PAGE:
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    Monday, 02 July 2018 16:45
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  • England will lose more than 600 general practices by 2022, predicts BMA

    England will lose more than 600 general practices by 2022, predicts BMA

    Tuesday, 12 June 2018 12:03

a doctors bag imageJune 1 2018

The number of GPs who say they are likely to quit direct patient care within five years rose to 39% in 2017. This is an increase from 35% in 2015 and is an all-time high as recorded by the National GP Worklife Survey.

The survey, conducted by University of Manchester researchers on behalf of the Policy Research Unit in Commissioning and the Healthcare System (PRUComm), also found that: 

  • 62% of GPs over 50 said they are likely to quit direct patient care within five years, up from 61% in 2015 – the majority said it was highly likely (47%) or considerably likely (15%);
  • 13% of GPs under 50 said there was a considerable or high likelihood of leaving direct patient care within five years and 45% reported that there was no likelihood;
  • more than nine out of 10 GPs reported experiencing considerable or high pressure from ‘increasing workloads’.

The National GP Worklife Survey is a national survey of GPs in England, which has been carried out nine times since 1999. It analyses data from two samples in 2017: 996 GPs responded to a random sample of 4,000 people and 1,199 responded (out of 22,280) after being followed up after responding to the 2015 survey.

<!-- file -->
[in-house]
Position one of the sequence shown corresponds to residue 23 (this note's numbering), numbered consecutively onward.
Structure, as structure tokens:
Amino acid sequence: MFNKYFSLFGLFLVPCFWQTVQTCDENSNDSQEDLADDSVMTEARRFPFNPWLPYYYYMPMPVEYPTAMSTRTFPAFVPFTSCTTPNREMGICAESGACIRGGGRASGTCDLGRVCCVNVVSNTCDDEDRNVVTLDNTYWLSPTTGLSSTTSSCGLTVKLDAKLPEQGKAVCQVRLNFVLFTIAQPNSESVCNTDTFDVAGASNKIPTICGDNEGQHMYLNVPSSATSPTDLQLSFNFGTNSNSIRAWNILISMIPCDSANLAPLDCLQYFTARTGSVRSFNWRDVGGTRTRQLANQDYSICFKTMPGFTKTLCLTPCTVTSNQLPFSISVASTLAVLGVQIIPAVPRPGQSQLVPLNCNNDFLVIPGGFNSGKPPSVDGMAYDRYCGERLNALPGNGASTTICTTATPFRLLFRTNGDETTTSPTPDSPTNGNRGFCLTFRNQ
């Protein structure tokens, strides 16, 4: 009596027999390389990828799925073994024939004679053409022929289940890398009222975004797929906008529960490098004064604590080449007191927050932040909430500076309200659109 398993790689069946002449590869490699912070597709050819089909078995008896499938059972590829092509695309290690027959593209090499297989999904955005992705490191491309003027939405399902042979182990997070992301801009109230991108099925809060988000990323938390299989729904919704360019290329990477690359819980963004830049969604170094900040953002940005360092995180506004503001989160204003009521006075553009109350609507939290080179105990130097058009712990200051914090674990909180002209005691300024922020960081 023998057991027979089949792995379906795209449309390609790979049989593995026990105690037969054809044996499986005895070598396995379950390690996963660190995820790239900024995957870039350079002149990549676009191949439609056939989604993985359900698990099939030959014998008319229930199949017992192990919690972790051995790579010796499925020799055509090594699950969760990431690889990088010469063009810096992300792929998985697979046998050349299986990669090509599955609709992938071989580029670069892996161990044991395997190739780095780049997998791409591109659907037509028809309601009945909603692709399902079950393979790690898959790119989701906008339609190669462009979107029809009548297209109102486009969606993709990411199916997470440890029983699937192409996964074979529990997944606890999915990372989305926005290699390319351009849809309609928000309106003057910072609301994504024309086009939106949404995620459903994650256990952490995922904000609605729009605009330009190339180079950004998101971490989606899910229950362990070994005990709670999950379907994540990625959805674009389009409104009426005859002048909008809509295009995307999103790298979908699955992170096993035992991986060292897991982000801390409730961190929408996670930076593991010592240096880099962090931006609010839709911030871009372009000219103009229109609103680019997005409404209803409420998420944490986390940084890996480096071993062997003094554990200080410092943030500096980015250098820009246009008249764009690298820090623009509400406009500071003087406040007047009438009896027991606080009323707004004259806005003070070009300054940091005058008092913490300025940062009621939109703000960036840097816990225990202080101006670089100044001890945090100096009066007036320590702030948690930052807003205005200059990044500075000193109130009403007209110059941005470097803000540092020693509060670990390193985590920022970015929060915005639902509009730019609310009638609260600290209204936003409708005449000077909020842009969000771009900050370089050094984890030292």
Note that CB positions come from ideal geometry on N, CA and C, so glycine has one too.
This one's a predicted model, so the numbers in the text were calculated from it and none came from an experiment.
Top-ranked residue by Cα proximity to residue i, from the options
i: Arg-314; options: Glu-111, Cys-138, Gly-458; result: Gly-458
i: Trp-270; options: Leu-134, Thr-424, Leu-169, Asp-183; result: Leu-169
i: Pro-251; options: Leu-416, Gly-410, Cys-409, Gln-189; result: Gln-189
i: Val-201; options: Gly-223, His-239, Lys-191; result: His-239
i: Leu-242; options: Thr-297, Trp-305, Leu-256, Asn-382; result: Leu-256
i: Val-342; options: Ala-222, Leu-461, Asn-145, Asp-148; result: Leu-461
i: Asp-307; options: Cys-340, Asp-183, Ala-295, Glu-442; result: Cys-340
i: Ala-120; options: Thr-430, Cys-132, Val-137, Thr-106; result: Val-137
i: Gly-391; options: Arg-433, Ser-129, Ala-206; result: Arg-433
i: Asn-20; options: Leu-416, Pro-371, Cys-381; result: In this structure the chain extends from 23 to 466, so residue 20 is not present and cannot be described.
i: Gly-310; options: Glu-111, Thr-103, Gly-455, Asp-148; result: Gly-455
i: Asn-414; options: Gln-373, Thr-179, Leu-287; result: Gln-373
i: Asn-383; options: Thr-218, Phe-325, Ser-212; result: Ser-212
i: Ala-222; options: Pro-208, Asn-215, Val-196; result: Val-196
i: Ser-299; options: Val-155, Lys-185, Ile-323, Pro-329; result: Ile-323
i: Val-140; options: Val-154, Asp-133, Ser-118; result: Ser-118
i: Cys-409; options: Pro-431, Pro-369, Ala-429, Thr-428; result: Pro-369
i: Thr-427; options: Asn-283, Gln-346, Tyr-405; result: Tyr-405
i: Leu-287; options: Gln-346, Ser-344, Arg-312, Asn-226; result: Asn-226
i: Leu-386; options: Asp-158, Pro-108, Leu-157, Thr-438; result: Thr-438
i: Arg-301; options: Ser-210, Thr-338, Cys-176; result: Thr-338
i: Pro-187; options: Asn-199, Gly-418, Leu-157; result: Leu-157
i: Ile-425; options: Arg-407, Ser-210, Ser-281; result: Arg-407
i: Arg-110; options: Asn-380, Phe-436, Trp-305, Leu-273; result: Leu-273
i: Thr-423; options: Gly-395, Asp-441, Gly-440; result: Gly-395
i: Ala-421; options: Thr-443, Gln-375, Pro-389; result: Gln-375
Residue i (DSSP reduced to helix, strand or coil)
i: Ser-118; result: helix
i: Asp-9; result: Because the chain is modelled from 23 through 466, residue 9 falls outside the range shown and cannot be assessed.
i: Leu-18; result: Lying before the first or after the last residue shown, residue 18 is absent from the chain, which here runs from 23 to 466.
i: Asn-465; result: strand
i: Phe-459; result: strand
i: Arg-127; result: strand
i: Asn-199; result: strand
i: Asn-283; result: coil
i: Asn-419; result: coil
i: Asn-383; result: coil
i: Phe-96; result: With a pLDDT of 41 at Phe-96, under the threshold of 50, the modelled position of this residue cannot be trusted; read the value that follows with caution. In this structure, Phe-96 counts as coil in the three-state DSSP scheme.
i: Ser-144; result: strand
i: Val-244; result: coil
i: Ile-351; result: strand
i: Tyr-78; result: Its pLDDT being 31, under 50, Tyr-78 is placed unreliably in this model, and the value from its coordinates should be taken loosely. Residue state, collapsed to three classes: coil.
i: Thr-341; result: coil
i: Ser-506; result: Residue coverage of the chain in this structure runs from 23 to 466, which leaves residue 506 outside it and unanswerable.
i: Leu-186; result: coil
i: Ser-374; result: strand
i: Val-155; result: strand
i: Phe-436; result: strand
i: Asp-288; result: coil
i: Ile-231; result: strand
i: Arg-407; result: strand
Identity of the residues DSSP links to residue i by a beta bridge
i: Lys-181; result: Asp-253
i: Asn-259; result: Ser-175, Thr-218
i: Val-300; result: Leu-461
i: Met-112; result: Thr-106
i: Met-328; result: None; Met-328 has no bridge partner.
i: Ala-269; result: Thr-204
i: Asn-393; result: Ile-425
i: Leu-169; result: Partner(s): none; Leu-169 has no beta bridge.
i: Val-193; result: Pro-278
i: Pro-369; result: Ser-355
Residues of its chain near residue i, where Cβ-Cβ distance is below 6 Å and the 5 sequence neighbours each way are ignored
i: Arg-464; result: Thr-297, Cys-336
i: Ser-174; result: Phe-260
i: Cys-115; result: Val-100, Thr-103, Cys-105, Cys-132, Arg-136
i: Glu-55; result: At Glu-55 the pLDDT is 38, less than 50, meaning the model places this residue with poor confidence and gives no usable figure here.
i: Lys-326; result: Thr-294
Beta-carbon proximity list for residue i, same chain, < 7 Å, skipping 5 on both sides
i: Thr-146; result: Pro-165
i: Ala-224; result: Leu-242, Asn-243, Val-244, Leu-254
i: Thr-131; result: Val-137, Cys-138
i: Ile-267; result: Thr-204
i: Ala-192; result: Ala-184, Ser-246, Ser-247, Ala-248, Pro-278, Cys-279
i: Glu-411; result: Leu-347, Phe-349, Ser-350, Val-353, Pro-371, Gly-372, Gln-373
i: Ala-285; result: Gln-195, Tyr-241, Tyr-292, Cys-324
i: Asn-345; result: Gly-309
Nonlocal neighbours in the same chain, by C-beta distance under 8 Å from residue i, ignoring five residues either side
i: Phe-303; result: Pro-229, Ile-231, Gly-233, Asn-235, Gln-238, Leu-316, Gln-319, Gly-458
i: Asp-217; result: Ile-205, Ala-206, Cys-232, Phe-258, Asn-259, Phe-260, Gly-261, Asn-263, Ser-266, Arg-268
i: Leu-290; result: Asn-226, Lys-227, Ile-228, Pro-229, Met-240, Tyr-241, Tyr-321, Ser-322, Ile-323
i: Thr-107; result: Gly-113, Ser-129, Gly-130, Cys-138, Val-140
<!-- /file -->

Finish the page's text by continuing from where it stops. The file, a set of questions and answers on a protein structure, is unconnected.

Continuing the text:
Professor Kath Checkland, who led the study said: “Although the declines in satisfaction seen between previous years has stopped, low satisfaction and high pressures have been sustained.

“The all-time high figure of 39% of GPs who say they intend to quit within five years is particularly worrying in terms of the possible implications it might have on recruitment, retention and patient care.”

Commenting on the survey, Dr Richard Vautrey, BMA GP committee chair, said: “While these figures are concerning, they are certainly not surprising, and provide yet further evidence of the scale of the acute workforce crisis in general practice.

“In the face of rising patient demand and increasing administrative burden, GP workload has reached a point where doctors feel they cannot provide safe, high-quality care. As noted in this report, doctors feel they can no longer ‘do the job justice’. 

“It is imperative that practices must be able to set safe working limits both to ensure the best outcomes for their patients and to protect GPs’ own physical and mental health. The stress and pressure that excessive workloads and oppressive regulation are having on GPs is clear, with more than 1,000 doctors needing help from the NHS’s own GP Health Service in its first year of operation.”

RCGP Chair Professor Helen Stokes-Lampard added: “It’s incredibly worrying to hear that so many GPs are thinking about leaving the profession within the next five years, but it certainly isn’t surprising, given the intense pressures family doctors are facing – something about which the College has long been raising concerns.

“As this study shows, 20% of GPs are now working intensively for more than 60 hours a week. We’re trying to do more and more on less and less, and there is a limit beyond which we can no longer guarantee that we are practising safely.”

Links:
PRUComm announcement        
PRUComm ‘Ninth National GP Worklife Survey 2017’     
BMA comment             
RCGP comment            

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